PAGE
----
When I'm home on Sundays I try to watch The McLaughlin Group on PBS, which I find to be the most enlightening discussion on television. My daughter refers to it as my "shouting program" and invariably leaves the room. It's a 25-minute discussion on current events sponsored by The Financial Times, one of the world's most prestigious newspapers.
One of the regular contributors is conservative columnist and former presidential candidate Pat Buchanan. On a recent program when the Gulf oil spill was being discussed, he made a profound and insightful comment. Paraphrasing his words, he observed: "Just look at us. We can't cap an oil spill in the Gulf, we can't balance our budget, we can't police our borders and we can't win our wars! How can the world take us seriously?"
Clearly something has gone seriously wrong in the United States, and Americans are increasingly aware of it.
The big issue—the economy
The economy remains the number one issue. As I write this, TV news programs are highlighting the fact that consumer spending is going down, meaning that people are worried about the immediate future. Also, GDP growth slowed in the second quarter of the year to 2.4 percent. This rate of growth is not enough to put a dent in the increasingly worrisome unemployment figures.
Whereas the official unemployment rate is under 10 percent, the real figure is closer to 16.5 percent, according to various financial and economic sources. The reason for the discrepancy is the way the unemployment figures are calculated.
The long-term unemployed are dropped from the figures after they stop reporting that they are looking for work. These so-called "discouraged workers" may still be looking but have no reason to report it after their benefits run out, or they may have taken part-time work to try to get by, and so could be called underemployed.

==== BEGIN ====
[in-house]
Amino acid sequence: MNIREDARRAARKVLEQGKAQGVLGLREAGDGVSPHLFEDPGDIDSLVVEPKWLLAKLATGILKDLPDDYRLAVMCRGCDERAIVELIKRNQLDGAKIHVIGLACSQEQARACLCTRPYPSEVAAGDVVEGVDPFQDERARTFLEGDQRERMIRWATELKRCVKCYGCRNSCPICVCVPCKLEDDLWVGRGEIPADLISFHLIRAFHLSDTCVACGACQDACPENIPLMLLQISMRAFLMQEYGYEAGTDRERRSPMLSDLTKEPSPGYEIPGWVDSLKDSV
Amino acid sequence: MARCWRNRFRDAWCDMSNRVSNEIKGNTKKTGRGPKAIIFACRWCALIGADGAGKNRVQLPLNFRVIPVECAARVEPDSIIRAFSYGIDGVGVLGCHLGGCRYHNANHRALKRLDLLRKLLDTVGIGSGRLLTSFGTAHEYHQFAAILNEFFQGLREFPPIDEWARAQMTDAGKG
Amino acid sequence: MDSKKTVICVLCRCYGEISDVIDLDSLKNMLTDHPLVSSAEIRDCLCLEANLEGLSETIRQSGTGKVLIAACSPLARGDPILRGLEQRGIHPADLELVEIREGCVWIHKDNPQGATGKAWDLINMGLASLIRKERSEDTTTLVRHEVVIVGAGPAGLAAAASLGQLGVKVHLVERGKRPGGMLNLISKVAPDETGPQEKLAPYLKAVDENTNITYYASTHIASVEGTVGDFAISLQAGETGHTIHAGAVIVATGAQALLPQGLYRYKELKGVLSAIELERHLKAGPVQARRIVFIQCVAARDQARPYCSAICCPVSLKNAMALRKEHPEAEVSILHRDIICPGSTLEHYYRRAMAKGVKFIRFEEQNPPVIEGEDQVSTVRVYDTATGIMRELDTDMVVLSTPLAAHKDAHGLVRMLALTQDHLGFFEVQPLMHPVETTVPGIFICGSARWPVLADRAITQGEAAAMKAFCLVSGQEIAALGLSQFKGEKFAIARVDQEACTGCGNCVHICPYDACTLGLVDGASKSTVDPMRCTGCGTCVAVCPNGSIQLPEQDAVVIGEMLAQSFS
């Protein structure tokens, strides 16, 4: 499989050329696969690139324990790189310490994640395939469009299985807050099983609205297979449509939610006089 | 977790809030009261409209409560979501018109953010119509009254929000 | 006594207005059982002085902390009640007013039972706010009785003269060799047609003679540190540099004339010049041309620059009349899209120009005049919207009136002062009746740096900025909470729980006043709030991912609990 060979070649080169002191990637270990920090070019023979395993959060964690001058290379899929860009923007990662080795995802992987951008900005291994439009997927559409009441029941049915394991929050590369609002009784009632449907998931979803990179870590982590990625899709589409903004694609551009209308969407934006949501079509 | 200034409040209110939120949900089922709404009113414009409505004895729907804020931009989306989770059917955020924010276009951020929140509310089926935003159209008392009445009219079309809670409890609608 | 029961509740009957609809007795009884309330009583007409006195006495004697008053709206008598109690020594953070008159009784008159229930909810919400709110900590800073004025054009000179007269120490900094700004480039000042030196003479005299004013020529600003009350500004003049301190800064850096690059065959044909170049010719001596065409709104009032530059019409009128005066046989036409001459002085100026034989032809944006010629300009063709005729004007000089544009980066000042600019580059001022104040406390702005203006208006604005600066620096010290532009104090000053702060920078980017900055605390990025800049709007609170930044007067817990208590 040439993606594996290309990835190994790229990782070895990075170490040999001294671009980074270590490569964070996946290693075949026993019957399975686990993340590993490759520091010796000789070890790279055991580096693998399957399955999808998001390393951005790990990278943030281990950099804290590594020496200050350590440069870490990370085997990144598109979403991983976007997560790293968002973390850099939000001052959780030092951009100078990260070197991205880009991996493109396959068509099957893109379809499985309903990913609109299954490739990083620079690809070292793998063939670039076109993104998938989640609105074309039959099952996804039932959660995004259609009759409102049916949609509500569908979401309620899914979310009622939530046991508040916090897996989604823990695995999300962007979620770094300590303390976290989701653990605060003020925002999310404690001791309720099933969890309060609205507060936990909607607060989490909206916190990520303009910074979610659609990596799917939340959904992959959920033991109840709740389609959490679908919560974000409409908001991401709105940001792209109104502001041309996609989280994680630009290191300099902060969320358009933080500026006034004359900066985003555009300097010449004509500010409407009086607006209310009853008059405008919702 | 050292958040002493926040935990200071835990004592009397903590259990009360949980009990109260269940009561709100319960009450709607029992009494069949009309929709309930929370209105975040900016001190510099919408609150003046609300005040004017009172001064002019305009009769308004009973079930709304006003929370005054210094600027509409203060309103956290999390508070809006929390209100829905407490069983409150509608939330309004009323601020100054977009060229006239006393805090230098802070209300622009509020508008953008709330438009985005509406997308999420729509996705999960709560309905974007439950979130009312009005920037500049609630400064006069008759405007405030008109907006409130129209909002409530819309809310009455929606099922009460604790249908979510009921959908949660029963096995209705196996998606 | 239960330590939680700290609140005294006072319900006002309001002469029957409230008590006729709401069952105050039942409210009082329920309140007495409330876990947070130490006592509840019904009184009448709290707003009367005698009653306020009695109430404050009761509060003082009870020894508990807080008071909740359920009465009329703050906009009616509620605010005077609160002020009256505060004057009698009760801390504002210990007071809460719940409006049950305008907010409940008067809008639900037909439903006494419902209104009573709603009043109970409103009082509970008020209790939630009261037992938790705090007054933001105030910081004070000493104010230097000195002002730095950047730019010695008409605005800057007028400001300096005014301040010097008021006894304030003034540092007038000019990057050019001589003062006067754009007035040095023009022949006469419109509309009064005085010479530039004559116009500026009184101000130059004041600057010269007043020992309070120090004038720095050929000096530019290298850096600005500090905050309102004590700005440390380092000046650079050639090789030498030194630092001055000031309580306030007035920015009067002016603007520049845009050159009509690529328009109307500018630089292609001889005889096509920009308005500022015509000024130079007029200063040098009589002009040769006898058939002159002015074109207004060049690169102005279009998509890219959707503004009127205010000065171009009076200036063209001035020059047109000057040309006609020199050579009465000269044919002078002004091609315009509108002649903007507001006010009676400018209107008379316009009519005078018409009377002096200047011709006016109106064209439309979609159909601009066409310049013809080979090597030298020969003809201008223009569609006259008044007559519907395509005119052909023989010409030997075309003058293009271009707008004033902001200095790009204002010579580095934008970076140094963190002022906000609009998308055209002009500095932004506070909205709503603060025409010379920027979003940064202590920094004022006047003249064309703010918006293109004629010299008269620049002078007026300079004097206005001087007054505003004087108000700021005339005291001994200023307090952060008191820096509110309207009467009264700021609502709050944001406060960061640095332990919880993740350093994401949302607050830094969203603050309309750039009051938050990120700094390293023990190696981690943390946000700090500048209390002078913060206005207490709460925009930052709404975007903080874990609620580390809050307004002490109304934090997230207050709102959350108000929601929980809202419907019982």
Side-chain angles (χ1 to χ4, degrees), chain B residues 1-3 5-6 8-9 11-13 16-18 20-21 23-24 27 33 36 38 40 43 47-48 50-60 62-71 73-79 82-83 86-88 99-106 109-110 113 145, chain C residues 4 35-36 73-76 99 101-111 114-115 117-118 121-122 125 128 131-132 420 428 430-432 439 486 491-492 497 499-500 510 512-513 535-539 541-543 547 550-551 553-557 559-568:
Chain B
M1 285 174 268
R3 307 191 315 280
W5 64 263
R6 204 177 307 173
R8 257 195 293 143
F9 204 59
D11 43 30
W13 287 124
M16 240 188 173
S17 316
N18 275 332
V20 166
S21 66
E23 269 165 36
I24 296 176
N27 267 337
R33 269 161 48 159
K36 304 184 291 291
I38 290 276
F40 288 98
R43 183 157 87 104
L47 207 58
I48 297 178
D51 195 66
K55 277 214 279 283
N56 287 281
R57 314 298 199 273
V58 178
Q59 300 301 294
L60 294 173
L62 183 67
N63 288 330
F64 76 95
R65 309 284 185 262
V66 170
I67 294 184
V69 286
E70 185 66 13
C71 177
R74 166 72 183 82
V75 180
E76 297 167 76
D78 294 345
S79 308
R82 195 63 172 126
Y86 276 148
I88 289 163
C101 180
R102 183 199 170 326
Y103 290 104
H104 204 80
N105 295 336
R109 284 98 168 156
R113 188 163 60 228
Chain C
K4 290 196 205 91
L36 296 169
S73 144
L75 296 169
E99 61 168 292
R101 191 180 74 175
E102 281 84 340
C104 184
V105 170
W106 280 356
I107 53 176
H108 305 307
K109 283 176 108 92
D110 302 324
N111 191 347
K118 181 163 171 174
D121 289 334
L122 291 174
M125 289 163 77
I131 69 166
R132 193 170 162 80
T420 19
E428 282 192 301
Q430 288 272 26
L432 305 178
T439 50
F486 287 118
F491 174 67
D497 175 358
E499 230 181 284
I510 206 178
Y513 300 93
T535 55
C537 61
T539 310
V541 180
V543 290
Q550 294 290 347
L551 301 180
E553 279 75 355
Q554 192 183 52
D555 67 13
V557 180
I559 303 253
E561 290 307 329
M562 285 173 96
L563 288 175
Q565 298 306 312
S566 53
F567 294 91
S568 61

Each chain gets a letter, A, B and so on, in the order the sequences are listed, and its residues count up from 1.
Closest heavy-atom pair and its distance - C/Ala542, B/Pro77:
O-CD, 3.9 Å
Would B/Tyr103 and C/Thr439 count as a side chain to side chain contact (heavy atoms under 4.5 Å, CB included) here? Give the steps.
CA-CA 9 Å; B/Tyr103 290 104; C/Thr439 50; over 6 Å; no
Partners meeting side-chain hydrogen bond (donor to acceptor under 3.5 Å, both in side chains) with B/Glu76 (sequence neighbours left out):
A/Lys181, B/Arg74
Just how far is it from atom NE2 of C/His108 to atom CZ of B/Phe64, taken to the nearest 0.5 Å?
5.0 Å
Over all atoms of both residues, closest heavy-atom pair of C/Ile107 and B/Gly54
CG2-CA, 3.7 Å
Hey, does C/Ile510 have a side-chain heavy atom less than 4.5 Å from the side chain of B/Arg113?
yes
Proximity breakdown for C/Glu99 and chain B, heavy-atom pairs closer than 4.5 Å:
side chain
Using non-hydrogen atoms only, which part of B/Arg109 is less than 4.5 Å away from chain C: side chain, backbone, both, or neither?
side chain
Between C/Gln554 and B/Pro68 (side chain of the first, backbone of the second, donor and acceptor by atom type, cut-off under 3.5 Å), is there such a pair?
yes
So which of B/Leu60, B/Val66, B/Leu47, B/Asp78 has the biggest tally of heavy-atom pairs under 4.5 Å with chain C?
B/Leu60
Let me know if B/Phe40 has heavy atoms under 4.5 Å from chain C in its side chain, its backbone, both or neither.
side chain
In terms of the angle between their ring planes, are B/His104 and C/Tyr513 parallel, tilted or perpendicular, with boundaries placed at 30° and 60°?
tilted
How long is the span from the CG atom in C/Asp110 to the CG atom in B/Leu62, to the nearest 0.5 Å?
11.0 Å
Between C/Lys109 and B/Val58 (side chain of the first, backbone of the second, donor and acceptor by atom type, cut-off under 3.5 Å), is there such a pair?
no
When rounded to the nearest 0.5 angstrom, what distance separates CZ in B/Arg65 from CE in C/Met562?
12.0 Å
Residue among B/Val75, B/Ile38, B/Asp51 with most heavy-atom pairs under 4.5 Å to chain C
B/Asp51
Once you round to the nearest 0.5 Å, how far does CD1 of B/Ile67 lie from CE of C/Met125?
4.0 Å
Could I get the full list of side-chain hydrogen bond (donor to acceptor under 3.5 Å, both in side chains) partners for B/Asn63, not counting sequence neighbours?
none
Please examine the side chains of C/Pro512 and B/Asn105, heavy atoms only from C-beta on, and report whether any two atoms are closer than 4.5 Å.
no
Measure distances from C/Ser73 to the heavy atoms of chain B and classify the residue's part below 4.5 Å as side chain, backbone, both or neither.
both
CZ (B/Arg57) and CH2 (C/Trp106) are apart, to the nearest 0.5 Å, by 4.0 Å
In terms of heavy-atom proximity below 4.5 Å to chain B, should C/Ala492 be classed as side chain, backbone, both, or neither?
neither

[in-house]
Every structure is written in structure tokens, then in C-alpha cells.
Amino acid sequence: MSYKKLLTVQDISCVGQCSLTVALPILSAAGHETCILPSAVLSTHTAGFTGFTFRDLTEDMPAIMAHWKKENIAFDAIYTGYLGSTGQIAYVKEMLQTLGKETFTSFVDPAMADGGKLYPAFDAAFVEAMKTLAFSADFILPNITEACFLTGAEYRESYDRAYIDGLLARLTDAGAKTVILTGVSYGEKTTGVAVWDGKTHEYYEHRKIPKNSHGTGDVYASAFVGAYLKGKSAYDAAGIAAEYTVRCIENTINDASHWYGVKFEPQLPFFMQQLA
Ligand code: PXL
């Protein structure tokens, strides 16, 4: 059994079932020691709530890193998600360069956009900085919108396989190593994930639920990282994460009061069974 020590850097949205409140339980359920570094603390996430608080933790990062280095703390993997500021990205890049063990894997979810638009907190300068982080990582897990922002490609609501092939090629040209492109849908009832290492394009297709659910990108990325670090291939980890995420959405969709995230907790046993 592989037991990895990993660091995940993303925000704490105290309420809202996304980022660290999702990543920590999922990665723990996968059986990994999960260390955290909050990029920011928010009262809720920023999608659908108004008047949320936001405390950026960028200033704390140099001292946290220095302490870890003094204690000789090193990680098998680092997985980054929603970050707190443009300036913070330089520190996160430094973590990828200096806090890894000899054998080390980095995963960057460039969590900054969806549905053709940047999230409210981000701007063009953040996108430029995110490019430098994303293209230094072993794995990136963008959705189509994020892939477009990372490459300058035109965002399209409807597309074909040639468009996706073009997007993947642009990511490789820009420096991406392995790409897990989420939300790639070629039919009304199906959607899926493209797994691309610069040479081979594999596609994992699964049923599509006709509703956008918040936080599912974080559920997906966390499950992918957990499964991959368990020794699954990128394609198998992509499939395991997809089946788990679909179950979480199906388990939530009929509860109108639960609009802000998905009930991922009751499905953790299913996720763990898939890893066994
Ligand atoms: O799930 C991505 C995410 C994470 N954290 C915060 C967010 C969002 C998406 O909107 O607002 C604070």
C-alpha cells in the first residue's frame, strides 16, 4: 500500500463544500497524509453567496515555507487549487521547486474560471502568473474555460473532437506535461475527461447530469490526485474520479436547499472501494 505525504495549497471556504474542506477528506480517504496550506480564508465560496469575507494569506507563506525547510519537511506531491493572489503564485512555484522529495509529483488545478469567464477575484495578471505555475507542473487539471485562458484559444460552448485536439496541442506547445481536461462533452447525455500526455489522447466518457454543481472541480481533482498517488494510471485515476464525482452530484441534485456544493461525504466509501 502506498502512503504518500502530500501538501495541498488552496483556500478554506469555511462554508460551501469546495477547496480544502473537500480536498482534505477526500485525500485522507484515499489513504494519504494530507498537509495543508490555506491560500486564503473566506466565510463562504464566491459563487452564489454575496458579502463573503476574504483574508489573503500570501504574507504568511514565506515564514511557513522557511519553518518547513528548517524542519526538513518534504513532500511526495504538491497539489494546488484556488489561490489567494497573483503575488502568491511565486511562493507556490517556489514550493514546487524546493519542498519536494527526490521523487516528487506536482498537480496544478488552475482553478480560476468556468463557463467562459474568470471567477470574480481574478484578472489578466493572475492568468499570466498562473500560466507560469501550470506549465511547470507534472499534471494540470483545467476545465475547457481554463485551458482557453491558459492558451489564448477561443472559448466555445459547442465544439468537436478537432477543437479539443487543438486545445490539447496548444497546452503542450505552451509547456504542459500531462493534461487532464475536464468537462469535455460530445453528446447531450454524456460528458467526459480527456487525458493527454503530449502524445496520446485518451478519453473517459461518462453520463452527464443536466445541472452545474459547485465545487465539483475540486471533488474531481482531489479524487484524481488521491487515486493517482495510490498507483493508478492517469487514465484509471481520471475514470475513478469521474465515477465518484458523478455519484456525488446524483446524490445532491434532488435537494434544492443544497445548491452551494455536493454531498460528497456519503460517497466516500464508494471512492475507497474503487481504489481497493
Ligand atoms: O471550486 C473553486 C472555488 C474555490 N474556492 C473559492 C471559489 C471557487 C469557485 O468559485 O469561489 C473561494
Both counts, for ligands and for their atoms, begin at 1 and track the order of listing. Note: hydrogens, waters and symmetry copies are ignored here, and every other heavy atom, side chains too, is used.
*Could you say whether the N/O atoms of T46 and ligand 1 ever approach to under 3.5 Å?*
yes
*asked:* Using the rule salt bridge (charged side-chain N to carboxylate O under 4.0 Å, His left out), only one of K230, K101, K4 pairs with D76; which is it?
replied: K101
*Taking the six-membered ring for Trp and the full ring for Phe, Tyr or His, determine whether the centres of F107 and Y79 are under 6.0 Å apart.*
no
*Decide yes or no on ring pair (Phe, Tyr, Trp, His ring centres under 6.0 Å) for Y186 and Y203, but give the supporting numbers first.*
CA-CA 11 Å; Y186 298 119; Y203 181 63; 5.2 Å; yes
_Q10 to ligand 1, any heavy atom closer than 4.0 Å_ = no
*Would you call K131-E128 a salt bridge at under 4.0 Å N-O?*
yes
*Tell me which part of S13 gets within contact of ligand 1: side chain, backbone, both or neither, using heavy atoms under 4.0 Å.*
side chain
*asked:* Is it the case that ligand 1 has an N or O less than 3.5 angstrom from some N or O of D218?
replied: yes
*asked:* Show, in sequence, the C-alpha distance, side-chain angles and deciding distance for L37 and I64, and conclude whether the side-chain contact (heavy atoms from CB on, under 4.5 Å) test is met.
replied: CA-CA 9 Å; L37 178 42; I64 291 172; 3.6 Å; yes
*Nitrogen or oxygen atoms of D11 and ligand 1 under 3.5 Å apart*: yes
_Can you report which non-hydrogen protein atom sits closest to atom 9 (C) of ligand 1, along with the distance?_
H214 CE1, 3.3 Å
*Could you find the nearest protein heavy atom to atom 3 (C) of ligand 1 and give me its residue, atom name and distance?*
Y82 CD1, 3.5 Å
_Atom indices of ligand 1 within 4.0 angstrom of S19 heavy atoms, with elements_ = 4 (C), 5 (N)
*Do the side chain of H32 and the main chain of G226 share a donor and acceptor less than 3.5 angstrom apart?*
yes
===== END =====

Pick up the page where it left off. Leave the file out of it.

The most widely reported figure from the Bureau of Labor Statistics counts as unemployed only those who have reported actively looking for work in the previous four weeks, leading to systematic undercounting.
Making things worse is that many of those who are employed are working shorter hours, suffering through a prolonged period of reduced pay. There's little wonder consumers are not spending as before.
Illegal immigration a major issue
This stubbornly high unemployment rate is no doubt a contributing factor to increased fears over illegal immigration. When unemployment is high in any country, citizens will turn against immigrants who are seen as taking their jobs at lower pay. Reality is not as simple as that, since many immigrants, especially those who are in the United States illegally, will do jobs most Americans are not inclined to do.
Arizona's new law giving police the right to check whether a person is in the country legally is being fought by the federal government, sending a clear signal to Americans that Washington lacks a serious commitment to securing America's borders. The president has made statements expressing support for the 12 million illegals' desire for full citizenship, and cynics sometimes refer to "illegal aliens" as "undocumented Democrats," as conferring citizenship on them and allowing them to vote would considerably sway elections.
It should also be pointed out that the Republicans are not blameless, as many of them want the illegals to stay since they keep labor costs down for businesses. Either way, nothing is likely to be done.
What's wrong with the economy?
In the same year that the United States declared itself independent from Great Britain, the Scottish economist Adam Smith wrote his book The Wealth of Nations. Smith was an advocate of free enterprise. He believed that when individuals pursued their own personal interest, society as a whole benefited. He strongly supported free-market competition, which helped everyone by keeping prices low while at the same time providing incentive to produce a broad range of products and services.